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THE DOCTOR OPENS UP HIS MEDICINE BAG
Pat Putnam
May 17, 1976
In the first four games of the ABA championships Julius Erving had the right prescription for Denver, and the Nets prospered
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May 17, 1976

The Doctor Opens Up His Medicine Bag

In the first four games of the ABA championships Julius Erving had the right prescription for Denver, and the Nets prospered

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Too bad, America, but you missed one of the greatest basketball shows on Earth. Or, rather, one just a few feet off the Earth. That was Julius Erving last week, launching himself from various points on courts in Denver and New York, soaring and scoring, passing, rebounding, blocking and stealing—all in the undeserved obscurity of the ABA championship finals. By Saturday night Erving and his underdog New York Nets had Denver down three games to one, which is what can happen when humans go five-on-one with a helicopter.

The games were not nationally televised, but they should have been. Dr. J's heroics merited more than just local exposure. In the first four games he scored 158 points, pulled down 51 rebounds, had 22 assists, blocked seven shots and had eight steals. Most of them came with the Identified Flying Object's feet well off the ground, his body twisting and turning. Even the Nuggets felt like applauding.

Denver had assigned the task of stopping Erving—or, rather, slowing him down—to Bobby Jones, the 6'9" second-year man out of North Carolina who may be the best defensive forward in basketball. But by the end of last week the most Jones could do was smile and shake his head.

"The thing about him is that you know he is going to get to the basket, you just never know how," he said. "In the first game I tried to make him go baseline, and he went right by me. After that I tried to make him pull up in the lane. So he made his jumpers. Or he went right by me. But I really enjoy watching him because every time he does one of those moves I know it's something I may never see again."

The Doctor's best games have a certain rhythm. It is his habit to save his incredible moves until after the first quarter. "I don't like to get into the offense too quickly," he explains. "I prefer for the guards to get into it first. That way I can determine the flow and my best course of action. Then I can let the game flow toward me. By the second quarter I'm ready to start swooping. But it's important for me to go with the flow, and not force it."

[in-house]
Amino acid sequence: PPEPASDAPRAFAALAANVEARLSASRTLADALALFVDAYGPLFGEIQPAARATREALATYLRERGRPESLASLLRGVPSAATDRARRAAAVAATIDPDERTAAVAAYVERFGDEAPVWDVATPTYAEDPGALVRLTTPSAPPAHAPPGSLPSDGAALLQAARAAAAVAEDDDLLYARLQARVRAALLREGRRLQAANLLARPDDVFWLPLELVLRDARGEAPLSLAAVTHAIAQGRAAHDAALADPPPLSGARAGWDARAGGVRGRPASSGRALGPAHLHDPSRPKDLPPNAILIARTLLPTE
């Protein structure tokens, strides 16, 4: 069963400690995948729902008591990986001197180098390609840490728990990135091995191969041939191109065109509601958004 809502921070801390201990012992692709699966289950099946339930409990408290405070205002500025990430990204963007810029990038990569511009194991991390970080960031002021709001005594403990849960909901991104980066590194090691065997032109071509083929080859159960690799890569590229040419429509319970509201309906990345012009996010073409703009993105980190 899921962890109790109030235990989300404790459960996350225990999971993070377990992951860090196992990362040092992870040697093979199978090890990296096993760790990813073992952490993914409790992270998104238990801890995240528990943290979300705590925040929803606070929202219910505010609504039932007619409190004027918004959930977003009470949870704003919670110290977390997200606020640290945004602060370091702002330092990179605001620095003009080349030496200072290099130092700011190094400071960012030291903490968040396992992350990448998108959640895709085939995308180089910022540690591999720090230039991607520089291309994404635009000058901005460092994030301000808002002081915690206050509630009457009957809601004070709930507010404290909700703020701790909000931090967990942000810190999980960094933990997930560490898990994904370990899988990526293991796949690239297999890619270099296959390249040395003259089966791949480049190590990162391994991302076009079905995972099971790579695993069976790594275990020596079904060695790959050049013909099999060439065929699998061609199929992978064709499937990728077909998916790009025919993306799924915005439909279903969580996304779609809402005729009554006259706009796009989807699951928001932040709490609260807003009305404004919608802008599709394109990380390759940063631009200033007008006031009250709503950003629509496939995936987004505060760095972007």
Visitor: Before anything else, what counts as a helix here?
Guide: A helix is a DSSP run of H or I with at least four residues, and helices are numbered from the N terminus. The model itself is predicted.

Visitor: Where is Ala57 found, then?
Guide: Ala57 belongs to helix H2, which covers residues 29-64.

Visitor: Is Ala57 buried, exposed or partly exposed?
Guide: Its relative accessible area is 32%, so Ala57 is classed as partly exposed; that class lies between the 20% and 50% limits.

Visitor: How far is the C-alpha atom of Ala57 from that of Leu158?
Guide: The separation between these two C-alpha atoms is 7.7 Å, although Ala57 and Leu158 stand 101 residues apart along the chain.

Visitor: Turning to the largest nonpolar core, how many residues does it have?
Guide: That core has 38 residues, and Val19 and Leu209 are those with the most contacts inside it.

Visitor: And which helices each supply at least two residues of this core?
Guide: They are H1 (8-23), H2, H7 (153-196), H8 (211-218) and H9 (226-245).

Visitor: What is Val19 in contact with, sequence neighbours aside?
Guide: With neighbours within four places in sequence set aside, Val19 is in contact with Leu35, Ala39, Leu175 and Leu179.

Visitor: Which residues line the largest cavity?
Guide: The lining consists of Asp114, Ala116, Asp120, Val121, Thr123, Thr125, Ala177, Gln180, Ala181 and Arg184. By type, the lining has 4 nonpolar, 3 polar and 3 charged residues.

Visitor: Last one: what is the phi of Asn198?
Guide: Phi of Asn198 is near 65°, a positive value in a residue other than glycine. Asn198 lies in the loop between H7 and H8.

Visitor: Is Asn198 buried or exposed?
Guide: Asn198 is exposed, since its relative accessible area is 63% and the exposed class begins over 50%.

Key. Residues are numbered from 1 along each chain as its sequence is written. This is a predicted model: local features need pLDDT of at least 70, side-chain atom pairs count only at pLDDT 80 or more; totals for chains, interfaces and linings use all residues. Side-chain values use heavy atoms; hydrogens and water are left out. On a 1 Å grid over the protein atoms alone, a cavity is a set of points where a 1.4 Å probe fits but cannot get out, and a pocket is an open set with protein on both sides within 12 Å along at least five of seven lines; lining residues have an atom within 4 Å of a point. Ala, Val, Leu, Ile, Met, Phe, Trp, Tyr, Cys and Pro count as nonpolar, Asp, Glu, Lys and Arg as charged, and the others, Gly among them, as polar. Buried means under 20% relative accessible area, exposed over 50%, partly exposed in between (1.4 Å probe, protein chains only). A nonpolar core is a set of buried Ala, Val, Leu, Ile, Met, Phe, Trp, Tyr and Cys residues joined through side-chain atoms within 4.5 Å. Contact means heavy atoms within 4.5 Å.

True to his pattern, Dr. J idled along early in the first game in Denver. The Nets took a one-point lead into the second quarter. He scored just four points as he studied the situation.

For both clubs this was more than a championship series. Merger with the NBA might be around the corner, and so 1976 could be the last year for the ABA. Both Denver and New York want to be remembered as the league's last champion. To the Nets' disadvantage they were playing a club that had dominated them (15-7) during the last two regular seasons. Worse yet, over an 11-game stretch going back to the beginning of the 1974-75 season, the Nets had been unable to win in Denver. That can lead to a ton of soul searching.

"I had done a lot of thinking about that," Erving said. " Denver is the only team that dominated us in the regular season. What were we doing wrong? Obviously we had been playing right into their hands. Jones is a tremendous defensive player. His technique is to overplay me on the wings, near the basket, deny me the ball, and when I get it, to make me go to my left. I decided if I came out farther, I could get the ball and have more room to operate."

In the second quarter Erving, with ample room, began to operate. He scored 13 points, two of them on a swooshing two-hand switch stuff. What the blistering serve was to Pancho Gonzales, the stunning stuff is to Erving.

"Why not?" he asks. "What people call the-show, well, that's the best way I can see to get the bucket. I've been doing it all my life, and I say when something works, don't change it. Some guys, like Rick Mount, practice all their lives on one jump shot, one they'll never miss. When they get in a tight spot, that's the shot they take. I dunk. That's my shot. I'm not going to miss. And if I do, well, nobody's going to holler."

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